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Date of publication: Apr 27, 2020

Katheryn Gronauer

Founder, Executive Trainer & Coach
Thrive Tokyo
https://thrivetokyo.com/

Date of birth: Sept. 3, 1989

Hometown: Palm Beach, Florida

Number of years in Japan (cumulative): 10 (as of April 2020)

Katheryn Gronauer
Q1: What was your first encounter with Japan?

My mother is Japanese and my father is American. I grew up mostly in Palm Beach, Florida, and spent every summer in Japan visiting my grandfather, aunts and uncle. During my elementary school years I attended a local school in Japan during my summer vacations and made friends with kids from my neighborhood.

Q2: Please state your motto in life and why you have chosen it.

I love the expression “You never know unless you try.” I have a rampant curiosity to understand how things work and I learn more through engagement and trial and error. Having this attitude has helped me launch a company, publish a book, connect with industry experts and gain experiences with companies I could only have dreamed of.

Q3 : Over your career, what achievement are you the proudest of?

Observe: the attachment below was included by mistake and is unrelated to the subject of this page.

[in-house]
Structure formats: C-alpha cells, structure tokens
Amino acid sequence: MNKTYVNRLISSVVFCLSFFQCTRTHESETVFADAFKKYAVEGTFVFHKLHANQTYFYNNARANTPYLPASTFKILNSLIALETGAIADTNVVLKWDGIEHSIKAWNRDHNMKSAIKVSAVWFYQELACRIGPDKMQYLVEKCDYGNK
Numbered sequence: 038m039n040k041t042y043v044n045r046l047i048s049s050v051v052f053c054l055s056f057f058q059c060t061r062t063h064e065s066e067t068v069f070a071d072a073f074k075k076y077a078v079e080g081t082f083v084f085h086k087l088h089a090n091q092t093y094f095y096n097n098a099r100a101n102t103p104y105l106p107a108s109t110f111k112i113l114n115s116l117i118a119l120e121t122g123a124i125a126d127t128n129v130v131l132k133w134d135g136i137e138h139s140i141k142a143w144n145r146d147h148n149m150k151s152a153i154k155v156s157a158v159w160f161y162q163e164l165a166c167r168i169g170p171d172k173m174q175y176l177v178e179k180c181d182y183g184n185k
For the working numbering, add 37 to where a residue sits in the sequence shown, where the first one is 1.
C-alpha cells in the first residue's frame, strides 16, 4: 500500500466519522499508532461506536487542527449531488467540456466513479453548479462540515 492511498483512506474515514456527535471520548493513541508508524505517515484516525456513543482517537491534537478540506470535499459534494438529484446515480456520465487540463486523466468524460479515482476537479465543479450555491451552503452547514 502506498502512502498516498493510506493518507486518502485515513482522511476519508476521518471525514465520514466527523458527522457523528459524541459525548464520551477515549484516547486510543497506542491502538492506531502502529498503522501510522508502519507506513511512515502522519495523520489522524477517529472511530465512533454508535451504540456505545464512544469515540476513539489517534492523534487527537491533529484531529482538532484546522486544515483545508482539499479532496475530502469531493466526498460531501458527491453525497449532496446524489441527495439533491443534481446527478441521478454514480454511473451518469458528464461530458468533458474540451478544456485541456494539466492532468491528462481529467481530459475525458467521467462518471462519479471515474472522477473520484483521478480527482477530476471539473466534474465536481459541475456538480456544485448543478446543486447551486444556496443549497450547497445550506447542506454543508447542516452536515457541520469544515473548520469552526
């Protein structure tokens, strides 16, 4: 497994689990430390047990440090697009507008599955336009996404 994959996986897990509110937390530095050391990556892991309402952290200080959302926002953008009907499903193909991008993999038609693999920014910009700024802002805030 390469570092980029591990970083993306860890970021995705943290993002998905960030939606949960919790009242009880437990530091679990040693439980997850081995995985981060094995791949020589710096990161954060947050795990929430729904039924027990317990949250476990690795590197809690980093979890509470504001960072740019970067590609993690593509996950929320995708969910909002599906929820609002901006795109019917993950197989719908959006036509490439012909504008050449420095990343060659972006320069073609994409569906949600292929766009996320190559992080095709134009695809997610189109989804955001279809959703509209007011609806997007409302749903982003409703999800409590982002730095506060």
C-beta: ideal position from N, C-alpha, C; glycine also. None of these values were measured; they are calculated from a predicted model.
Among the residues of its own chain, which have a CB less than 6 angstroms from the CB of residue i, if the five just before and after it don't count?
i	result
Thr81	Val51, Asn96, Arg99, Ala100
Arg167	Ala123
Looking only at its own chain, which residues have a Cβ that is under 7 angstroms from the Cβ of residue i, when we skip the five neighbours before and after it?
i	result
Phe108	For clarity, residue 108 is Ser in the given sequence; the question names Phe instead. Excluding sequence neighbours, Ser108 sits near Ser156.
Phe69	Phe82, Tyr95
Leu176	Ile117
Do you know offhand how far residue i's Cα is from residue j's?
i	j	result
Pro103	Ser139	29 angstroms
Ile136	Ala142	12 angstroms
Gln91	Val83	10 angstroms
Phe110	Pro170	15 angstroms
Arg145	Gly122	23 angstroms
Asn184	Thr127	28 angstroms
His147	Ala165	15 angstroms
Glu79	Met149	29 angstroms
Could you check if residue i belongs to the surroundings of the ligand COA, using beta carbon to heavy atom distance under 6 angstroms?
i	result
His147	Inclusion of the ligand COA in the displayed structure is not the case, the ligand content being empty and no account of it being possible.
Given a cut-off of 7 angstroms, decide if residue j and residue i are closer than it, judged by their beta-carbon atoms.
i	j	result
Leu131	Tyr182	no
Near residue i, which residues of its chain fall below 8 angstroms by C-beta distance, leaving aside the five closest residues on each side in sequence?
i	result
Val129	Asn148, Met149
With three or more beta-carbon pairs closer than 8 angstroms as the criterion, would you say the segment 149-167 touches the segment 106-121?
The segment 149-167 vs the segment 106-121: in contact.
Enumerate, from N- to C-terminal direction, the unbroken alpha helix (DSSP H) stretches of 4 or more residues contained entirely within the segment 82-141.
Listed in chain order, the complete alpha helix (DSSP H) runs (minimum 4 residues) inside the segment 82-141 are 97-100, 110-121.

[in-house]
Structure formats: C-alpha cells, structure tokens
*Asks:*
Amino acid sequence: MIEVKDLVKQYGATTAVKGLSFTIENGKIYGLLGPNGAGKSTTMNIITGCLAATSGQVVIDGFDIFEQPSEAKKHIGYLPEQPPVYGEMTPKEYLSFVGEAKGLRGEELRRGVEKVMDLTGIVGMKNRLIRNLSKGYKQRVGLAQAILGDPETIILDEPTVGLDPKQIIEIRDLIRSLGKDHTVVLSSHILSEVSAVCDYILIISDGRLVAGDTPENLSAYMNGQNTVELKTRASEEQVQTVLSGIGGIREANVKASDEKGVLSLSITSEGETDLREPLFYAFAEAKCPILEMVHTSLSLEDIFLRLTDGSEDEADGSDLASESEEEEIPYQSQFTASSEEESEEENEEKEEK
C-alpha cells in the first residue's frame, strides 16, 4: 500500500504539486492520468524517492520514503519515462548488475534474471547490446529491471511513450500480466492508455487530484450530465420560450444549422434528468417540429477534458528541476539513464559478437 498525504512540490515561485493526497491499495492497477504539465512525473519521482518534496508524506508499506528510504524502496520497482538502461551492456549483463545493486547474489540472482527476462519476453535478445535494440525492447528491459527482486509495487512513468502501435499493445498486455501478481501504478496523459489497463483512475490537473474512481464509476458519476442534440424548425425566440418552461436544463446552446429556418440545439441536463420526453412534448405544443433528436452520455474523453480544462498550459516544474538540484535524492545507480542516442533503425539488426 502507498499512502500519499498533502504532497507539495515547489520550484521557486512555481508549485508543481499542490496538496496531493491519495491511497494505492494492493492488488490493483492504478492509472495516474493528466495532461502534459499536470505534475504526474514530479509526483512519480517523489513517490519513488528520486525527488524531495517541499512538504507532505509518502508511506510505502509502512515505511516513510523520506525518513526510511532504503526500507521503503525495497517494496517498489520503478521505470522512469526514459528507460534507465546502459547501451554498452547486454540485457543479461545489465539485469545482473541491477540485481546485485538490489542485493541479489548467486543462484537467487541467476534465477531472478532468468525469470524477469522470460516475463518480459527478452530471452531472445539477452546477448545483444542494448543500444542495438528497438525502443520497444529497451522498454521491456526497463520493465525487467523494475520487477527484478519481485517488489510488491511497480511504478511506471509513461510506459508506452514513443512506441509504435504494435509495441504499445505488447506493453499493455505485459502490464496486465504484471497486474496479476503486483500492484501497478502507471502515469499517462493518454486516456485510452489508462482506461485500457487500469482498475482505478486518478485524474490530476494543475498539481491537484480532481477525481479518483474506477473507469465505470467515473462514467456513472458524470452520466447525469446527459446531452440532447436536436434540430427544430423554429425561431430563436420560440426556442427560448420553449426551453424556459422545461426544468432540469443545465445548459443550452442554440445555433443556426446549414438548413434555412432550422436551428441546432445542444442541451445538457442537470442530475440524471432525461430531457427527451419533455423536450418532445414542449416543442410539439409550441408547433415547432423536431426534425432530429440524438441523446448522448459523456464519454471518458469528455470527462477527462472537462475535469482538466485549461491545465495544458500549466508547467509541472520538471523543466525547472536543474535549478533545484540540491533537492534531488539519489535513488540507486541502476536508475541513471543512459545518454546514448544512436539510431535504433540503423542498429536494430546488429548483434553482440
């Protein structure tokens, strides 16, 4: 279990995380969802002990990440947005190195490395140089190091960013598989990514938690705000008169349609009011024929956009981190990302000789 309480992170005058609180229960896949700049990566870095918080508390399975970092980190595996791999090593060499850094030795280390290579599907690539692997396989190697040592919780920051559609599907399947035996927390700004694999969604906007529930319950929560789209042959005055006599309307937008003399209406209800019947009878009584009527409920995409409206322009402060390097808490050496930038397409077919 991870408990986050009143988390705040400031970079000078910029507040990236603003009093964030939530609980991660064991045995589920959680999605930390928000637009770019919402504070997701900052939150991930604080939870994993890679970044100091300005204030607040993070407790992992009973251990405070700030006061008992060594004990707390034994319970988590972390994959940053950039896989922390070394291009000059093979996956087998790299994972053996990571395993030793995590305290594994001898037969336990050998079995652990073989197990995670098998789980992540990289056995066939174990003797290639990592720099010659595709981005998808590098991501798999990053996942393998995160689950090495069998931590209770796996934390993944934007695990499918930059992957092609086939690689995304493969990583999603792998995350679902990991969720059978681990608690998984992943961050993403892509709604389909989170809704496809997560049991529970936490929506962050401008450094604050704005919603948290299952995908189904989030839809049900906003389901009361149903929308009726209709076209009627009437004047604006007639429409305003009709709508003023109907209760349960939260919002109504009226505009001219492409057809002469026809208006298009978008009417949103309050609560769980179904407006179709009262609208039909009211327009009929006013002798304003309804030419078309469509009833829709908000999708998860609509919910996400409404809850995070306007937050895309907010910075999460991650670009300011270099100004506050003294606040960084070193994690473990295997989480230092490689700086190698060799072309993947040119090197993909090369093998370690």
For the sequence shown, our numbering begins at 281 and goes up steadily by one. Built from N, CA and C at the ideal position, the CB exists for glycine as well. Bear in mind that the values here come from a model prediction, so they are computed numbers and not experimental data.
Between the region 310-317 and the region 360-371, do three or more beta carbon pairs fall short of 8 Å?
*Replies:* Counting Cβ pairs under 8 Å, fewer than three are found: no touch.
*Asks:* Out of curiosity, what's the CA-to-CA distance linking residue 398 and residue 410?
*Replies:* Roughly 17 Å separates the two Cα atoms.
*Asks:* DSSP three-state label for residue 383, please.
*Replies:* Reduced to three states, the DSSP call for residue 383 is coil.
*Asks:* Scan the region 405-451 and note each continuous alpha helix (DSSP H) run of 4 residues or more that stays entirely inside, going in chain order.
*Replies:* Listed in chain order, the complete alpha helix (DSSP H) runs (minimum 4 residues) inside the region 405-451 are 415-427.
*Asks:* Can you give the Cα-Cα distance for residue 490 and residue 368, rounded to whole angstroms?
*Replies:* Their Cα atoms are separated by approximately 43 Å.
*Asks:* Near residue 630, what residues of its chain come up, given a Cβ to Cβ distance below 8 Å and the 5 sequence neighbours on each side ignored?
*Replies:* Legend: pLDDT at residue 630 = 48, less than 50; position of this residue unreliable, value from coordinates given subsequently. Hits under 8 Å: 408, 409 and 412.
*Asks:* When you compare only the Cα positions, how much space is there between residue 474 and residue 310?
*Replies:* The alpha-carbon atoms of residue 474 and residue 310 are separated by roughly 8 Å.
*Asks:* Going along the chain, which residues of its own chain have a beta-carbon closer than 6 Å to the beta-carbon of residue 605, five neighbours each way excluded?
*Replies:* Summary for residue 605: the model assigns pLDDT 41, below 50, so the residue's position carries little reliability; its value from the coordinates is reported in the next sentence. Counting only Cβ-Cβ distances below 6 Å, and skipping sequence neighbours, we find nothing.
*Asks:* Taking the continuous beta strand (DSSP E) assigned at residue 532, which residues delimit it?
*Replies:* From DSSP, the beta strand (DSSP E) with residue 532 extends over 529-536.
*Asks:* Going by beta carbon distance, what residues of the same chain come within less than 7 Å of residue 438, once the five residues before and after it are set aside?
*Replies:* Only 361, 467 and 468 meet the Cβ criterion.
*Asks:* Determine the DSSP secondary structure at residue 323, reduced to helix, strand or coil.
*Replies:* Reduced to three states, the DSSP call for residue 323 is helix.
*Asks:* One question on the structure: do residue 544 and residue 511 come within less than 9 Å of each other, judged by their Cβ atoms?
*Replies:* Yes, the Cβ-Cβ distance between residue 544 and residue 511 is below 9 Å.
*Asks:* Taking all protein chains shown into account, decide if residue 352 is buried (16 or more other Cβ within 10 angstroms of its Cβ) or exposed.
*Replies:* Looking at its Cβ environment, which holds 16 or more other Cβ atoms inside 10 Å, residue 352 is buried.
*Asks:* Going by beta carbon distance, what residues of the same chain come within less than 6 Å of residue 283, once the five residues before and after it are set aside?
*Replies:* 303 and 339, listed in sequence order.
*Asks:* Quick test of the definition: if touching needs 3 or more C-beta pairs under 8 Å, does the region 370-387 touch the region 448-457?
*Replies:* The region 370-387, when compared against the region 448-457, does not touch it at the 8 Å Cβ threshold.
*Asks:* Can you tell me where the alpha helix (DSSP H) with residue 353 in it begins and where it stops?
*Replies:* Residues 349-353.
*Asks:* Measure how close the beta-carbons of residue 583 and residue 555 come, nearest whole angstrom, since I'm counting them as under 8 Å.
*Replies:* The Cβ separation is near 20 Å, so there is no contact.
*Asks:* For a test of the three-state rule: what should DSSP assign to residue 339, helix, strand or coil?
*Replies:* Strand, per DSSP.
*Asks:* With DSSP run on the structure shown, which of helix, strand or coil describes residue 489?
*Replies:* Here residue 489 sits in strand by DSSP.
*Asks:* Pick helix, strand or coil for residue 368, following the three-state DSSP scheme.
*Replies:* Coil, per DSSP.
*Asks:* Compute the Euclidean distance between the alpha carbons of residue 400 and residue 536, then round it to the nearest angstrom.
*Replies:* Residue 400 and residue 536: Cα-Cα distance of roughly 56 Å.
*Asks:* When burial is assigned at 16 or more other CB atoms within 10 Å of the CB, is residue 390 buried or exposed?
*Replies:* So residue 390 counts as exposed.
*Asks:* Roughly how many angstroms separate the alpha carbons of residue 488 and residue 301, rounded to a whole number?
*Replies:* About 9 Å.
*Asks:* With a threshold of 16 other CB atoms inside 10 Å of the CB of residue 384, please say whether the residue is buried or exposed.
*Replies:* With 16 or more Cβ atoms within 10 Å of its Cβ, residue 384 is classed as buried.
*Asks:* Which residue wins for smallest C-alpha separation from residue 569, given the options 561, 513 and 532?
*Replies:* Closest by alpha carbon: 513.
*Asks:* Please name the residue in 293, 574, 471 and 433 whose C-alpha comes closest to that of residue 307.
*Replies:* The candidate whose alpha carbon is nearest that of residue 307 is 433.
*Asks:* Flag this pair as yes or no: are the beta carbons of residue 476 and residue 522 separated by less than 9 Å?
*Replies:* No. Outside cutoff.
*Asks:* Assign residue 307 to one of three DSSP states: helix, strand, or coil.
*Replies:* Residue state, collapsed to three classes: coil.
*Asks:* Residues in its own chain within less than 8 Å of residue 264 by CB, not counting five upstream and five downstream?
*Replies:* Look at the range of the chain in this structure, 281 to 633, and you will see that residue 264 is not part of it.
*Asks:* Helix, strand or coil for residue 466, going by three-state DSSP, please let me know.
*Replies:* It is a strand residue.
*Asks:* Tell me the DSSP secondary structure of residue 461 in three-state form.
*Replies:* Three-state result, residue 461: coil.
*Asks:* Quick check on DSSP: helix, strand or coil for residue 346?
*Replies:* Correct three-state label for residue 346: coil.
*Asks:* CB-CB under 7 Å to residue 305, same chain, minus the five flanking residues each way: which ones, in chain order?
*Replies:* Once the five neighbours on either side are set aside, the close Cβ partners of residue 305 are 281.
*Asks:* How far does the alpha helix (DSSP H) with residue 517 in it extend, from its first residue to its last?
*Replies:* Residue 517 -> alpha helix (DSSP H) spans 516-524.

I’m proud of a variety of accomplishments including publishing a book and connecting with experts through podcasting and other media. But the most rewarding of all is when I hear the successes from my clients about what they’ve been able to achieve thanks to our work together. It’s knowing that I’ve helped people in Japan breathe easier in work and in day-to-day living that fuels me to do more.

Q4 : What are your goals during your time in Japan, your current position or in life?

Growing up biculturally, I’ve always felt like I can be a positive bridge between Japan and the rest of the world. I want to help as many foreigners in Japan as I can to learn about how people in Japan think and the emotional drivers that influence their behavior at work so businesses can succeed globally.

Q5 : What wisdom, advice or tips can you give to people living and working in Japan?

For people who are relatively new to Japan, I’d say that every person experiences transitional highs and lows. There’s a big learning curve to working and living in Japan; know that you’re not alone, that obstacles are resolvable, and focus on how this experience can help you learn more about yourself in your personal development.

Last updated: Apr 27, 2020